Financial Regulators Explain Their Expectations for Deposit Reconciliation

By Lindsay Harden

Yesterday, the Federal Reserve Board, CFPB, FDIC, NCUA and OCC issued guidance regarding the agencies' supervisory expectations for deposit reconciliation on consumer accounts. The agencies summarized their observations on deposit reconciliation practices, and expressed particular concern about credit discrepancies—which occur when a customer deposits more than is ultimately credited to his or her account, resulting in a benefit to the financial institution.

The Interagency Guidance discussed the types of legal and regulatory issues that could arise if a financial institution's policies or practices do not appropriately reconcile credit discrepancies. For instance, civil liability or agency action could result from failure to comply with the Expedited Funds Availability Act and Regulation CC which implements the Act. The agencies also noted that when ineffective deposit reconciliation practices cause credit discrepancies, they could be considered unfair or deceptive acts or practices under the Federal Trade Commission Act or the Dodd-Frank Act. The agencies did acknowledge, however, that under limited circumstances, proper reconciliation may be impossible, such as when an item has been damaged beyond recognition.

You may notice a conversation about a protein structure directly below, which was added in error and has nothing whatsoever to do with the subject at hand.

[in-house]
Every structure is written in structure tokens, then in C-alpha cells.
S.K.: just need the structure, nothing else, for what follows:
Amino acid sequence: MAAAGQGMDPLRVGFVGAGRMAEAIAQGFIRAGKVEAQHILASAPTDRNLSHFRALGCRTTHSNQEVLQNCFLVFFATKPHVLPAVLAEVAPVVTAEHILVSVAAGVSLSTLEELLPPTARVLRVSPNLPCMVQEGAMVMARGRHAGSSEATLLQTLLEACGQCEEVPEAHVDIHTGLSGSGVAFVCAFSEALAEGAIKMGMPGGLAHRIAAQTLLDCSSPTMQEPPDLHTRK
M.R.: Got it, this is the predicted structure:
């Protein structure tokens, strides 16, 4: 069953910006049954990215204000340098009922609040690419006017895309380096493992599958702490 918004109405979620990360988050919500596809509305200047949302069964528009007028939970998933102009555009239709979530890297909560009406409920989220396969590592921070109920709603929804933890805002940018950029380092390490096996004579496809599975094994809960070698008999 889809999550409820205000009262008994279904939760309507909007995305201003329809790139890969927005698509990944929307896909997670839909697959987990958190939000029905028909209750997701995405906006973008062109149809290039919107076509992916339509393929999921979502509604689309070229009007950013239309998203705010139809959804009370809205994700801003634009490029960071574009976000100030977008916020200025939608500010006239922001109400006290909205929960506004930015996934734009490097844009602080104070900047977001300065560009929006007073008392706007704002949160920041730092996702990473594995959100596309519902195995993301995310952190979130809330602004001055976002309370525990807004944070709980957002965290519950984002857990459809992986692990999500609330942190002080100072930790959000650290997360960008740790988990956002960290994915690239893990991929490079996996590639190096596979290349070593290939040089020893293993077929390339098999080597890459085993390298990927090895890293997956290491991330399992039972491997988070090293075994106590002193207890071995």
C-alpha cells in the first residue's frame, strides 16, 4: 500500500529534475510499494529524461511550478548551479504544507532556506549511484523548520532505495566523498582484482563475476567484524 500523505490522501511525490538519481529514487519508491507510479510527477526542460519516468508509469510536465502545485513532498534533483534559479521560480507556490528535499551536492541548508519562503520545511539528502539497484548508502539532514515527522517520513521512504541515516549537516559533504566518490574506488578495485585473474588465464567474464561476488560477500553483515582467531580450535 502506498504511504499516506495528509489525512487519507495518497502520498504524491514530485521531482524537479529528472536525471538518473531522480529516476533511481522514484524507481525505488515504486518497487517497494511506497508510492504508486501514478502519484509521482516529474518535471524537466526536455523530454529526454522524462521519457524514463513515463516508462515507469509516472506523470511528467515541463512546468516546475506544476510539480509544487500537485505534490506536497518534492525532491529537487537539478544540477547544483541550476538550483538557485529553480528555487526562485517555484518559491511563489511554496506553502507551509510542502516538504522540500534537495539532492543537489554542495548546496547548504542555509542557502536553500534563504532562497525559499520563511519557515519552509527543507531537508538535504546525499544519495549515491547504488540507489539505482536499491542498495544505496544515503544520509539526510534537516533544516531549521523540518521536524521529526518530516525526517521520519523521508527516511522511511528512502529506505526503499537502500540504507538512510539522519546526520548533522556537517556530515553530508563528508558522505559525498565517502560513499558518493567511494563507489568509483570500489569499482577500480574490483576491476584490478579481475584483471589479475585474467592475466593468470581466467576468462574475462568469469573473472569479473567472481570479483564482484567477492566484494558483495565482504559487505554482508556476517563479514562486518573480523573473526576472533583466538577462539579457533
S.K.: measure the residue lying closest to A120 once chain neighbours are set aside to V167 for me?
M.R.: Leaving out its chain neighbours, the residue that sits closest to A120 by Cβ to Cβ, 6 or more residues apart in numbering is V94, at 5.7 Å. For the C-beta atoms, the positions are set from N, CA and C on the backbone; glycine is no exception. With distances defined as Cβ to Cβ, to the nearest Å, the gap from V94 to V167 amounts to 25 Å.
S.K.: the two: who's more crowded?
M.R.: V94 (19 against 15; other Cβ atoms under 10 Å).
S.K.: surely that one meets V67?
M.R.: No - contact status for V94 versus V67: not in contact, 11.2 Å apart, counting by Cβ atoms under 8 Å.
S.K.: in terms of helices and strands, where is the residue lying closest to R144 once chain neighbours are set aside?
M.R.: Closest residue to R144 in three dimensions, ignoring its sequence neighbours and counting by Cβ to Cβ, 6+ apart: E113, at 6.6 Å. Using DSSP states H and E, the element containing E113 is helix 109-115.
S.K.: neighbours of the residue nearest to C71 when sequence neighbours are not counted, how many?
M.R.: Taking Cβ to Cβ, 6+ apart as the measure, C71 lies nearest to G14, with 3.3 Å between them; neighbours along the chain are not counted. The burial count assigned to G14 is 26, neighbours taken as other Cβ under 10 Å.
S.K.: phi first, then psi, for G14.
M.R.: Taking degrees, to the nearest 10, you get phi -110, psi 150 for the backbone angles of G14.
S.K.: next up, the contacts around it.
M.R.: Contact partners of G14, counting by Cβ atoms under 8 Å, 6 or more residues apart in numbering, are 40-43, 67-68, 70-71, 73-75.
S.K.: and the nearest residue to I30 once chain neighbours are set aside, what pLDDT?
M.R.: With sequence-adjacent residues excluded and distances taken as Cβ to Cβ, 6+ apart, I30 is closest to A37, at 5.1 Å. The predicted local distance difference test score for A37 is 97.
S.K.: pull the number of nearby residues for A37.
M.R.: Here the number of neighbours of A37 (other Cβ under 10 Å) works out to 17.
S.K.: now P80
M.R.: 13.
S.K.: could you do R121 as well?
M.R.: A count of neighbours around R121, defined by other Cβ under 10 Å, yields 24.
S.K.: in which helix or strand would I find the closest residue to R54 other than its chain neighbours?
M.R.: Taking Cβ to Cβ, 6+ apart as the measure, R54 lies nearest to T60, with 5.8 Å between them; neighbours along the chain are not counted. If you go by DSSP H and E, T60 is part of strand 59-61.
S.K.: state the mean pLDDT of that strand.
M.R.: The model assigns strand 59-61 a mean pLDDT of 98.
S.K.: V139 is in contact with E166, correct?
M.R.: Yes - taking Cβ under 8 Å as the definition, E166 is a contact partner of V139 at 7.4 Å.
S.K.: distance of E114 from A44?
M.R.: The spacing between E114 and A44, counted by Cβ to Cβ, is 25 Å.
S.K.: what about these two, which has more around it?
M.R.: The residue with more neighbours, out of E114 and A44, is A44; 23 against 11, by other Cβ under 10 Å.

To minimize the risk of financial loss and supervisory action, the agencies suggest financial institutions do the following:

  • Adopt policies and practices designed to avoid discrepancies
  • Effectively manage deposit reconciliation practices to comply with applicable laws or regulations
  • Ensure that any information provided to customers about the institution's deposit reconciliation practices is accurate
  • Implement effective compliance management systems
  • Above all, ensure consumers are not disadvantaged or harmed by the financial institution's deposit reconciliation policies and practices

This guidance comes after bank regulators and the CFPB took action in August 2015 against Citizens Financial Group, Inc. and its bank subsidiaries for failing to credit consumers the full amounts of their deposited funds. In its Consent Order with the CFPB, Citizens Bank agreed to pay a total of $18.5 million—$11 million to compensate customers and $7.5 million in civil money penalties. In addition to the CFPB action, the OCC and FDIC separately ordered the banks to pay $10 million and $3 million in civil penalties, respectively.

Go online to view the entire Interagency Guidance.

If you are unsure whether your institution's deposit reconciliation policies and practices comply with the laws cited above, please contact Karen Garrett, Mark Hargrave, Lindsay Harden or the Stinson Leonard Street contact with whom you regularly work.

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